Having done some vehicle recovery before (usually it's someone pulling me out of a bad decision) I knew that the most comfortable way for me to progress would be to pull the strap taught then give it hell, that would keep me from kissing my steering wheel if the semi decided not to move when it hit the end of the strap. I dropped my truck into 4 low, pushed the little "tow/haul" button on the gear selector and was ready for business. Once I'd gotten the thumbs up I inched forward on the strap to pull it tight, here it was, my moment to shine! A group had gathered outside by this point to watch what I was about to attempt and I wasn't about to let them down. I felt the strap go tight and I knew it was time, I could see the semi tires spinning in my mirrors, I put my foot to the floor! Bzzzzzzzzzzzzzzzzzzzzzzzzzzzz all four tires instantly started to spin on the ice, my truck was slipping and sliding and waving around like a flag on the end of the tow strap. I looked to my audience and noticed that they'd started to smile and joke amongst themselves, DAMNIT this wasn't going to work! I'd already made a fool of myself, it was time to try something else I was going to have to give it a pop and I was already starting to have flashbacks of the nitrous burnout where I exploded my rearend and twisted my driveshaft in half. "What if I get a run at it and the damn thing doesn't even budge? I'm going to end up kissing my dash when it hits the end of the strap". I was out of options, I had to give it a try, here's a cell phone video taken by one of my co-workers (Scott):
That didn't exactly go as planned, the semi didn't move an inch and the truck drivers straps had snapped in 3 places! No more messing around, it was time to grab a real tow strap! The only problem was that I'd forgotten to grab it out of my bed before the snow started to fly so it was buried under a foot of snow! After some help from Scott we found the frozen strap and started to get it stretched out into something that more closely resembled a usable tow strap.
We reconnected the truck and the semi and prepared ourselves for another attempt. By this time most of the audience (including Scott) had lost interest in my seemingly hopeless project and had gone back to work inside the building. I didn't have my phone or any of our camera gear with me and Scott had taken his phone back inside so I guess the rest of the story you'll just have to take my word for.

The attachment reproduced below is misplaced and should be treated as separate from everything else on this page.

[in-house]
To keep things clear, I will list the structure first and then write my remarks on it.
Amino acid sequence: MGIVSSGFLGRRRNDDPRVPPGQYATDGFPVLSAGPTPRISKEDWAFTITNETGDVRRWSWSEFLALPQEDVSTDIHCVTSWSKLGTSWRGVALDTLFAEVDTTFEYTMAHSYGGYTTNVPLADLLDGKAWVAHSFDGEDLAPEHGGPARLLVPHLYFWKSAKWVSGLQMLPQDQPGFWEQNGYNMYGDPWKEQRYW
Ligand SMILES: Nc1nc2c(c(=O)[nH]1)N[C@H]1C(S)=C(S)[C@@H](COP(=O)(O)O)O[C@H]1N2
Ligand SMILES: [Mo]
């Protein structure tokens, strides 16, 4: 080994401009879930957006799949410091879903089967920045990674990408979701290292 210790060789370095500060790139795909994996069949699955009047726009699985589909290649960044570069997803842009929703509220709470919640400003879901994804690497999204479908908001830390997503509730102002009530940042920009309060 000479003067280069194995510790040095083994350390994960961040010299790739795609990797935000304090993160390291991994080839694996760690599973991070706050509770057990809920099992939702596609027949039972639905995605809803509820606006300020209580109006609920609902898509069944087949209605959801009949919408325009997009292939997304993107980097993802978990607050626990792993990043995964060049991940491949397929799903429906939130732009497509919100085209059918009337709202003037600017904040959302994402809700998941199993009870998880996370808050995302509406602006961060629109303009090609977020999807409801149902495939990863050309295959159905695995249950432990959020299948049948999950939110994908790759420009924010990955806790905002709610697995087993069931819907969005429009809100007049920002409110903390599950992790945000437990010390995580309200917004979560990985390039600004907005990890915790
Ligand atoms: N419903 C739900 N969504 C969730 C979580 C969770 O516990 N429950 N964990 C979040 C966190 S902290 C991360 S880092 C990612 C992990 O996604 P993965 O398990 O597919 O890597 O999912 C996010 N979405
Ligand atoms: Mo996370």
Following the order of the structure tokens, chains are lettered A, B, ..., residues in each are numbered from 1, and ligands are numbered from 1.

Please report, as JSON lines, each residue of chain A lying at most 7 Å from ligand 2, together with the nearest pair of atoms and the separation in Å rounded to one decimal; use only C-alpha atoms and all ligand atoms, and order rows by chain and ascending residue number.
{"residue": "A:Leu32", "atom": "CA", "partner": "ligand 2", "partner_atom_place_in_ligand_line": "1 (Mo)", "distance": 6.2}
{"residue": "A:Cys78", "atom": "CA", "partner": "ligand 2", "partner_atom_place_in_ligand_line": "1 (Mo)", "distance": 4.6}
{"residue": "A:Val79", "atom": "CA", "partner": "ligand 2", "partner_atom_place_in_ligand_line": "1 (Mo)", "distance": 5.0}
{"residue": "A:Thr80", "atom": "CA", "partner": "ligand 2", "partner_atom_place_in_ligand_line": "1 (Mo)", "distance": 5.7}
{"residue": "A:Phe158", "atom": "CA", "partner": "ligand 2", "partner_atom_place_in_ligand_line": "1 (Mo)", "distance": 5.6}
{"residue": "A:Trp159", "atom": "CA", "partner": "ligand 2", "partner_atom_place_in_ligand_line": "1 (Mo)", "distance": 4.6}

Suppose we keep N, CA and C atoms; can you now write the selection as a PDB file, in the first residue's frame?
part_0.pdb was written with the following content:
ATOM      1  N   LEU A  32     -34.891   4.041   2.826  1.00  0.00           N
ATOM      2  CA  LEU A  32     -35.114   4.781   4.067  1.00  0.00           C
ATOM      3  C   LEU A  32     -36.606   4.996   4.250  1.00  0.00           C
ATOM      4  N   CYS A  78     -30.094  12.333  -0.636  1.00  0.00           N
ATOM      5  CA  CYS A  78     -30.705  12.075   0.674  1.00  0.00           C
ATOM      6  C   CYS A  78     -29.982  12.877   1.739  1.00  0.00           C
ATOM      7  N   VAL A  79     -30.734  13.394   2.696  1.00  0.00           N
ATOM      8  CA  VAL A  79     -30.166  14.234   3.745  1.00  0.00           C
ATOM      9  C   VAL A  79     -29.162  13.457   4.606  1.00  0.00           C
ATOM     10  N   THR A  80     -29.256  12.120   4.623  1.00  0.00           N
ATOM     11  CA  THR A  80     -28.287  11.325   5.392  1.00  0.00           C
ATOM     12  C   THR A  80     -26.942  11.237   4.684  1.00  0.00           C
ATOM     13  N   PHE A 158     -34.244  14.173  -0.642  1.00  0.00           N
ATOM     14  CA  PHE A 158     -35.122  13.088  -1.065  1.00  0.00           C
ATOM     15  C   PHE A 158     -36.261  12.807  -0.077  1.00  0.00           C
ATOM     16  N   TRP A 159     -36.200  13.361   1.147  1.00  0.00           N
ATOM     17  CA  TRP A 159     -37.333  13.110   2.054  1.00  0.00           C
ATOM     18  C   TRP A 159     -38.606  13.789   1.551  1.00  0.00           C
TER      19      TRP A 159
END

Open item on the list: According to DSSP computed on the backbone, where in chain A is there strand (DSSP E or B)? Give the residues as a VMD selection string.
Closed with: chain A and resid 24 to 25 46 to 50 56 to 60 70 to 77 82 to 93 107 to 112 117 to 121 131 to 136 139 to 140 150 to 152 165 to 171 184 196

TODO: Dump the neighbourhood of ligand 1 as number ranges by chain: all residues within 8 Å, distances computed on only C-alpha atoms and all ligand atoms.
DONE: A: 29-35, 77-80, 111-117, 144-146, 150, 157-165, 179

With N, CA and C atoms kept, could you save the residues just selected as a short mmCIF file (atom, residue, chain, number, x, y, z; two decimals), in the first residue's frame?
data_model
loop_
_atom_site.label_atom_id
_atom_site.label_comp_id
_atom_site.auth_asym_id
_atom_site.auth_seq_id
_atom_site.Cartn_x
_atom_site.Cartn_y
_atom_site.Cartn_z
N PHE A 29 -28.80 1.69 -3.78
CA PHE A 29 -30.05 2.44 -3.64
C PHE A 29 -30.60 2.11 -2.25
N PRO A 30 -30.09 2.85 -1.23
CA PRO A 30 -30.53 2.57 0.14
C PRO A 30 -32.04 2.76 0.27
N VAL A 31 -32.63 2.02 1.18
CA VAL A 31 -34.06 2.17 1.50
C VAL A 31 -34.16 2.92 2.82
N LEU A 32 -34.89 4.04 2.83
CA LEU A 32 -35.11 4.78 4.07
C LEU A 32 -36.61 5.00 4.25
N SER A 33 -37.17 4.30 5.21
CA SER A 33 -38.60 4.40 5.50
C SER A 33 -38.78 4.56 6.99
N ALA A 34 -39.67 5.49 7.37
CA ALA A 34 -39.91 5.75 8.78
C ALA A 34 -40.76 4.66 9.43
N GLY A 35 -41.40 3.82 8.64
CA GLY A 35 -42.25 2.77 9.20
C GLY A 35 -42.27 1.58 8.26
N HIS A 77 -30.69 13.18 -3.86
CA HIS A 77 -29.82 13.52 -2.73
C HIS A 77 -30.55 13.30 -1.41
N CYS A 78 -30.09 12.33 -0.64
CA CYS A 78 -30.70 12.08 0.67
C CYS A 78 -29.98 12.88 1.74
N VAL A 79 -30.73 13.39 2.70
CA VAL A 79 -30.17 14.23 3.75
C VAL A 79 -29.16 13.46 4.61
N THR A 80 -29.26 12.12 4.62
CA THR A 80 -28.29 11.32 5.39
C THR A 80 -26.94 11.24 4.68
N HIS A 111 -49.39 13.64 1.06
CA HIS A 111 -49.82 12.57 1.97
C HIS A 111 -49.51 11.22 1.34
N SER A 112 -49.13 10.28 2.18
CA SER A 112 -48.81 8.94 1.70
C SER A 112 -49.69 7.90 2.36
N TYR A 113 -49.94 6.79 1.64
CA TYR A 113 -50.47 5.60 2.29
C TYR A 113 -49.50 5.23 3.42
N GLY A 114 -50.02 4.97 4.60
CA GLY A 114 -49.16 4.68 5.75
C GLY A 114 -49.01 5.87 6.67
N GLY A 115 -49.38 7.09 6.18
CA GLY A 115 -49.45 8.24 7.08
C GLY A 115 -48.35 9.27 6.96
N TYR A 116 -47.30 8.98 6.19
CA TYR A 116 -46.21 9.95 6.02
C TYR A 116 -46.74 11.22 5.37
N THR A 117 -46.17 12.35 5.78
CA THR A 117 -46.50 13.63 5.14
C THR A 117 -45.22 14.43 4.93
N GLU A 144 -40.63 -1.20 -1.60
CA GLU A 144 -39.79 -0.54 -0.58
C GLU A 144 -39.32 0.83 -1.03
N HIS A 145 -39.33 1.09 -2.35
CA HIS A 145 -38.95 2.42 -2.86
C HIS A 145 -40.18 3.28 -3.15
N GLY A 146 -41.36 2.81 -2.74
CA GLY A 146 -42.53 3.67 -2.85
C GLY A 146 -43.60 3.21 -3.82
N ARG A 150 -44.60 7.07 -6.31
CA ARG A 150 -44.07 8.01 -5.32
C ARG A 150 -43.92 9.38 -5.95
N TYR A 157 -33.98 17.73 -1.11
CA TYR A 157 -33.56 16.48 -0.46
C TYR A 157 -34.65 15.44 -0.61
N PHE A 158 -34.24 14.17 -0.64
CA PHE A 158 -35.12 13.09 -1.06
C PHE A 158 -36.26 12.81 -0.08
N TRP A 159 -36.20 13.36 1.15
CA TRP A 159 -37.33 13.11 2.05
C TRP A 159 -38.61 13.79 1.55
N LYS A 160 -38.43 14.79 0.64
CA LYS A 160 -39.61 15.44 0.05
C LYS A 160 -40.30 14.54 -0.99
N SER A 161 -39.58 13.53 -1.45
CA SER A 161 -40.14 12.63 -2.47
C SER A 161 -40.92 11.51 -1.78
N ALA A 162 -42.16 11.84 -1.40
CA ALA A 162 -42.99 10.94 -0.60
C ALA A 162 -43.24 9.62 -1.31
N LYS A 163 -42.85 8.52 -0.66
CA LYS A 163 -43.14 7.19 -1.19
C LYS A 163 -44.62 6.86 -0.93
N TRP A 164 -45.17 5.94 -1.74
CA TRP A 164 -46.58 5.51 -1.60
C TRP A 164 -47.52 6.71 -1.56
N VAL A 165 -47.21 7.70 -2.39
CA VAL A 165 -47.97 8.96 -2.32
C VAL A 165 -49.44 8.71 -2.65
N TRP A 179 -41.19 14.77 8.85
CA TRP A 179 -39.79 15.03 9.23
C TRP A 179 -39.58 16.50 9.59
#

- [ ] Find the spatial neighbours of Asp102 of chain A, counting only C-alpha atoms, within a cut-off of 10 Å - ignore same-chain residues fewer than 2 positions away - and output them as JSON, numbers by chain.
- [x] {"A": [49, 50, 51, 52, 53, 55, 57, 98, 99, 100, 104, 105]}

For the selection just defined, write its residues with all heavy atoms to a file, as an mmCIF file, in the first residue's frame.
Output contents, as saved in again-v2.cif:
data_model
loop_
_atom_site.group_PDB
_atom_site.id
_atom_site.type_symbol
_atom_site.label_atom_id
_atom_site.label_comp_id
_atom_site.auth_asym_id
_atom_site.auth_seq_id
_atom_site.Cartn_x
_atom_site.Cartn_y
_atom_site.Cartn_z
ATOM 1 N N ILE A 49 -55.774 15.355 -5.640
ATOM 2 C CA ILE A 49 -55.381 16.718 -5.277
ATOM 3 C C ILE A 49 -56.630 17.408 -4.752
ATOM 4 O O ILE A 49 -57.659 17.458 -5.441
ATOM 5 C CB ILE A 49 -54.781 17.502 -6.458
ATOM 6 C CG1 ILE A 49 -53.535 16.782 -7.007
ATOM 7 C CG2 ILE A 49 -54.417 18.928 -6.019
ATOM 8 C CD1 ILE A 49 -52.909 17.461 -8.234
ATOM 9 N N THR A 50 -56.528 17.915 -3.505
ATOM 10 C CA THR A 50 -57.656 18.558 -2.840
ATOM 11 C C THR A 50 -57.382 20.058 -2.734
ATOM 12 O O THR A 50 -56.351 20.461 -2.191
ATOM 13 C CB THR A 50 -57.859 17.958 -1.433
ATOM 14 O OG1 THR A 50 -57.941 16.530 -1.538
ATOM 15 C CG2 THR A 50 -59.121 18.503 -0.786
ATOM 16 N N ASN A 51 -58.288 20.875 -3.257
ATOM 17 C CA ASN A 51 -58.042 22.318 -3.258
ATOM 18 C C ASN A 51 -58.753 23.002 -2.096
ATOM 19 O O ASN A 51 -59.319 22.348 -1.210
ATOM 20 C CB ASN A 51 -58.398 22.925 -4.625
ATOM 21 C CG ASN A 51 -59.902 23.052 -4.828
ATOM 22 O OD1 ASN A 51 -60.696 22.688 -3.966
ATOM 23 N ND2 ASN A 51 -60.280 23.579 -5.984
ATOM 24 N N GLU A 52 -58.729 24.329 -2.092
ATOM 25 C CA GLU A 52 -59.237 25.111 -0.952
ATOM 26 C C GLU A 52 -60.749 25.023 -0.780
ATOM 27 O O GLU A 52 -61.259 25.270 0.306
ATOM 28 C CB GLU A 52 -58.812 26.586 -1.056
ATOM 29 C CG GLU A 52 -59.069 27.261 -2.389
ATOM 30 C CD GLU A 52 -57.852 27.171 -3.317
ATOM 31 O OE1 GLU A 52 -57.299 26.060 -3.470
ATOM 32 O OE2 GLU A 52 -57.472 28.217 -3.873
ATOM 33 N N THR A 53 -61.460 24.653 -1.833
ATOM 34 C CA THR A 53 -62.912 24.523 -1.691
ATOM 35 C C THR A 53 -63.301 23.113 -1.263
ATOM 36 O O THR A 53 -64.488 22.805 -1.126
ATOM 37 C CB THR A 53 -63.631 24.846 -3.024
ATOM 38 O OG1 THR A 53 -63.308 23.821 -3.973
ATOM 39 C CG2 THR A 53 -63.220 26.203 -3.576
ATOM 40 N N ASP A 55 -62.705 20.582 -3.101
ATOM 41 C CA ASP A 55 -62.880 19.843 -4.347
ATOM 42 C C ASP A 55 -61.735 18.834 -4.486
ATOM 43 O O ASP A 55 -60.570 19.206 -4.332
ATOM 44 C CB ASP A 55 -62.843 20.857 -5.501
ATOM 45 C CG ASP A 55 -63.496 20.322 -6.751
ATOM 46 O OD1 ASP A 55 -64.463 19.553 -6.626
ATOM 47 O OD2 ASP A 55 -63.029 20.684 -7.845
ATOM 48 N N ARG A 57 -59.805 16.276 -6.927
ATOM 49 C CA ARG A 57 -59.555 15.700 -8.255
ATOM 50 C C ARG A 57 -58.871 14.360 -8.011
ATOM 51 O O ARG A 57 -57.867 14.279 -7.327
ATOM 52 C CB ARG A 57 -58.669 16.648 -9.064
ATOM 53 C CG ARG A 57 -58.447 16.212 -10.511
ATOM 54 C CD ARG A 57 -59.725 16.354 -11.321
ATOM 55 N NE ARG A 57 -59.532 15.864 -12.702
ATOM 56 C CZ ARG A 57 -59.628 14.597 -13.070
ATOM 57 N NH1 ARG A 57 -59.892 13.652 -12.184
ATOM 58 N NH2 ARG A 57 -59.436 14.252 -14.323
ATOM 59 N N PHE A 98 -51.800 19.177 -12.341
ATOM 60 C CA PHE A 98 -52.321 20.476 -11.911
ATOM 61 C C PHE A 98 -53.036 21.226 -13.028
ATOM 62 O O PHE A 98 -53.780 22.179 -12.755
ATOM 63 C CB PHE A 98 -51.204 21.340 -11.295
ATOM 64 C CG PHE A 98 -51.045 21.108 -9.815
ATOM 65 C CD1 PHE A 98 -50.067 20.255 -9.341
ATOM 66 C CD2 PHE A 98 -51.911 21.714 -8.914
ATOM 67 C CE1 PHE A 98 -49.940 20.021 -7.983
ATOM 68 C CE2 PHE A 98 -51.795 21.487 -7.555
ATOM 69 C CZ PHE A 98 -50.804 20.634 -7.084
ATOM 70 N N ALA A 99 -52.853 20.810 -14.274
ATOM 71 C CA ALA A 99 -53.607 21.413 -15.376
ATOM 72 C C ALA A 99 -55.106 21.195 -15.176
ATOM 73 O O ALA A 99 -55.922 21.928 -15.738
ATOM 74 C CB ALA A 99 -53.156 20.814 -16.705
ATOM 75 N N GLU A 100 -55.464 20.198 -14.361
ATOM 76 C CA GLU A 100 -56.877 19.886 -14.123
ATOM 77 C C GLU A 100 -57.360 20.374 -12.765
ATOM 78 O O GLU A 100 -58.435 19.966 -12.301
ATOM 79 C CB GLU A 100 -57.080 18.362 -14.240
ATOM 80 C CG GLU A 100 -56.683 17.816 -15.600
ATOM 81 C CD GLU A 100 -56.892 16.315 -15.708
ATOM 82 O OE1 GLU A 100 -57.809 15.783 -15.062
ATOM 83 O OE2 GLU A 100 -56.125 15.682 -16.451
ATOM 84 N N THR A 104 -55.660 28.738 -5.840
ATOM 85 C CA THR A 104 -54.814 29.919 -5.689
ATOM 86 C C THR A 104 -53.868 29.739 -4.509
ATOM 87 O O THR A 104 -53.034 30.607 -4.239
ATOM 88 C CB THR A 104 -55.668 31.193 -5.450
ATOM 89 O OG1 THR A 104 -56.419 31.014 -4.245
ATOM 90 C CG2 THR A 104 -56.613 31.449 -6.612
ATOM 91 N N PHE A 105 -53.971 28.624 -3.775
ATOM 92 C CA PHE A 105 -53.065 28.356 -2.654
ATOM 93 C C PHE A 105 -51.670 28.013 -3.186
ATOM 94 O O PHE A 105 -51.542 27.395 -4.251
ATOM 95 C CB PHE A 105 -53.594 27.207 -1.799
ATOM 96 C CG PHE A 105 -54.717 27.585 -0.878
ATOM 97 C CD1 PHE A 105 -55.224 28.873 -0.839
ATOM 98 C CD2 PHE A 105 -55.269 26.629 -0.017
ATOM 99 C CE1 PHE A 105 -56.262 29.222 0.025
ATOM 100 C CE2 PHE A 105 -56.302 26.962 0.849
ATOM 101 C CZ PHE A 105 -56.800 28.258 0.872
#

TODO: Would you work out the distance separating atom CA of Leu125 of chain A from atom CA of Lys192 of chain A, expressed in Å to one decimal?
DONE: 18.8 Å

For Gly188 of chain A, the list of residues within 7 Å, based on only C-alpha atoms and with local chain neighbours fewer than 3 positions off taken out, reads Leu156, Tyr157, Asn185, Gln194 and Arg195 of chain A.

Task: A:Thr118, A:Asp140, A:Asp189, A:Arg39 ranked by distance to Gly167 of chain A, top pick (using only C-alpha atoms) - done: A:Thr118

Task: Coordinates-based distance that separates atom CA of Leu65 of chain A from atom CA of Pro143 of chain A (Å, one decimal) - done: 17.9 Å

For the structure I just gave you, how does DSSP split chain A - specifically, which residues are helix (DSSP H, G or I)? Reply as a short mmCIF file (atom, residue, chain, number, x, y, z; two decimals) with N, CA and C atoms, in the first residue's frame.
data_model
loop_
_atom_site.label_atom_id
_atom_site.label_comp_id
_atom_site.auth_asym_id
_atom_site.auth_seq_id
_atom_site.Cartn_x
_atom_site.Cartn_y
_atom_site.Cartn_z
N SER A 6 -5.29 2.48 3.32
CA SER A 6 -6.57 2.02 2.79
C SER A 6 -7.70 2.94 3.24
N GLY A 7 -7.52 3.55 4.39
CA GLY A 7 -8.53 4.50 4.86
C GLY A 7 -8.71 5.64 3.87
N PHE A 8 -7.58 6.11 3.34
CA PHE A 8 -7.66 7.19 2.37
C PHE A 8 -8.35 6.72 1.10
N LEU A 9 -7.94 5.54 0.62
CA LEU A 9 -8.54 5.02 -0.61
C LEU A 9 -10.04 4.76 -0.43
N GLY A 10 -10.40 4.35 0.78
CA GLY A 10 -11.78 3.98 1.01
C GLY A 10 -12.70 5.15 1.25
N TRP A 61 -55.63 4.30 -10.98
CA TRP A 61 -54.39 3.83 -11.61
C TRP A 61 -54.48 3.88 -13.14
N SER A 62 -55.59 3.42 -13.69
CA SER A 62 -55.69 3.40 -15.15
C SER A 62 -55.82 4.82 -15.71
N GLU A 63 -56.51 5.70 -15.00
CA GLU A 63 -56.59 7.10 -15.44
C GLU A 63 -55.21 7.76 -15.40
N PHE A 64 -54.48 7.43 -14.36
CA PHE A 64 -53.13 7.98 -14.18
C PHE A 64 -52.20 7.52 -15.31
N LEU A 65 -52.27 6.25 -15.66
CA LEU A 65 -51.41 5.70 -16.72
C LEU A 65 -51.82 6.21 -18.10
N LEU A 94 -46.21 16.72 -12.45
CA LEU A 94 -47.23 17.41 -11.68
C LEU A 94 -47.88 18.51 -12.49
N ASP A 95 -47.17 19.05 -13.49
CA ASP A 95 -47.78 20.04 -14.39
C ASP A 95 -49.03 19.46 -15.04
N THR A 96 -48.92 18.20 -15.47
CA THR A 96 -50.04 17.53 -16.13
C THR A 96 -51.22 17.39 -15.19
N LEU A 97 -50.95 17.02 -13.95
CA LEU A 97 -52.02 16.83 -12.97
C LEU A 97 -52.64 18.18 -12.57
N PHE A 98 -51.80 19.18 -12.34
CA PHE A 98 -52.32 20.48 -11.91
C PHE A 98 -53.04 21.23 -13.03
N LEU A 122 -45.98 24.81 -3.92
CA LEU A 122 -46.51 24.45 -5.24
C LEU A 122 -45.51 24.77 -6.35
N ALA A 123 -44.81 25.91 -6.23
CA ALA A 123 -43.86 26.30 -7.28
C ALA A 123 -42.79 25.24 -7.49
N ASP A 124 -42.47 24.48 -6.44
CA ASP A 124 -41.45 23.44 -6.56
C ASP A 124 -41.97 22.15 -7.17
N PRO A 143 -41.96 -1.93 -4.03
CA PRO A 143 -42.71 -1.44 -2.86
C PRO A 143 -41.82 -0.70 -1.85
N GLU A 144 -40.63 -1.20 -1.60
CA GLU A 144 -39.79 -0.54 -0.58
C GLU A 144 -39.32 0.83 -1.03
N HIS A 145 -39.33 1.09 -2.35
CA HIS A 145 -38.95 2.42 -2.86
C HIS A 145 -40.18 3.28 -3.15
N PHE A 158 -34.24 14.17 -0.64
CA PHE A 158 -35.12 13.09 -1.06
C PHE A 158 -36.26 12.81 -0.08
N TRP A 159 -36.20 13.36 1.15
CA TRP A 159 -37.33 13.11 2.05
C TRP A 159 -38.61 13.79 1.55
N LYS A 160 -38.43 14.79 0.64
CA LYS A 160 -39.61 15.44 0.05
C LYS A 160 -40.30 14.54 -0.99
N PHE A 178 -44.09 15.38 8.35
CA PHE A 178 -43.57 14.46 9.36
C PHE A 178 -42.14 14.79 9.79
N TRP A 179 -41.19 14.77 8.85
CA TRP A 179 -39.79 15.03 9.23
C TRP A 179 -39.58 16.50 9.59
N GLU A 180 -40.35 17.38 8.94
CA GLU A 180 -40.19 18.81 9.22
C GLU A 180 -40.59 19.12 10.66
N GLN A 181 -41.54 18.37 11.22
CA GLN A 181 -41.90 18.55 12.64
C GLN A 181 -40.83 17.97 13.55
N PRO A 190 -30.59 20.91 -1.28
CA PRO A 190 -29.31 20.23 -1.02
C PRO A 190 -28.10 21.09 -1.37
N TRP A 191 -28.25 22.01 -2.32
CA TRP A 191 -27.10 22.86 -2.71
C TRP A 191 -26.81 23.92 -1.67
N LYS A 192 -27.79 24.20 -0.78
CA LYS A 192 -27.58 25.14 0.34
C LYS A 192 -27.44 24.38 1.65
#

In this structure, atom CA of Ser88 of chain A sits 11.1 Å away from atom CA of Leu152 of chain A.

Knowing that the only chance I had was to give the strap some slack and get a run at it I braced myself firmly back in my seat, I knew that this strap wasn't going to break easily and I still wasn't sure if my truck would have what it was going to take to move that big semi. "Here we go" I thought to myself as I hammered the throttle awaiting what was sure to be a violent and abrupt stop......."wait for it"........"here it comes"......."brace for impact"............nothing.....wtf? My truck just kept on accelerating forward, no abrupt stop or even a hesitation. Either the strap had come off the hitch or I'd ripped something off of one of our vehicles (you can guess which one I was hoping for). I looked to the guy giving me direction for information, he calmly waved me back to the truck. "What happened? Did I break something?" I said. "Nope, the strap popped off" he said. Thank the lord! I definitely didn't want to be buying that semi driver a new bumper or something.
I backed up to the strap one last time, this time was it, I was going to get it. I gave myself about 3 feet of slack in the rope and opened her up. Snow and ice were thrown quickly into the air as I thrashed forward, my head firmly planted against my headrest as I braced again for certain impact. There were only two ways this would end, either something was going to break or I was going to be the cool guy who pulled a semi out of the snow. I felt the familiar bungee effect of the strap as it was stretched to it's limits, I gritted my teeth and kept my foot glued to the floor. I was engulfed by a cloud of snow and ice as I was faced with the mighty weight of the semi. My truck clawed forward through the ice and snow as my rpm's soared, I couldn't believe it, could this actually be happening? Am I really towing a semi over snowy terrain? I glanced to my mirrors to see what was going on behind me and much to my surprise there was in fact a big white tractor trailer following my lead! We'd done it! He was out and my truck was the hero of the day! Obviously I pulled him an extra 20 or 30 feet beyond what was probably necessary because that's just what you do in a situation like that! The driver was thrilled! And a little surprised I think. He gathered what was left of his shredded tow straps (tie downs) and hit the road for another adventure and I proudly walked back into the building knowing that David had beaten Goliath and that my tow strap had lived to pull another day.
After having such a rough morning back from my holiday vacation I can happily tell you that my day was quickly turned around by a truck driver and a little bit of snow.
As a quick side note it wasn't really worth getting all worked up over, the truck pretty much came right out. I've had a harder time pulling lilac bushes!
Thank you for reading this weeks blog post.
Clint J. Grover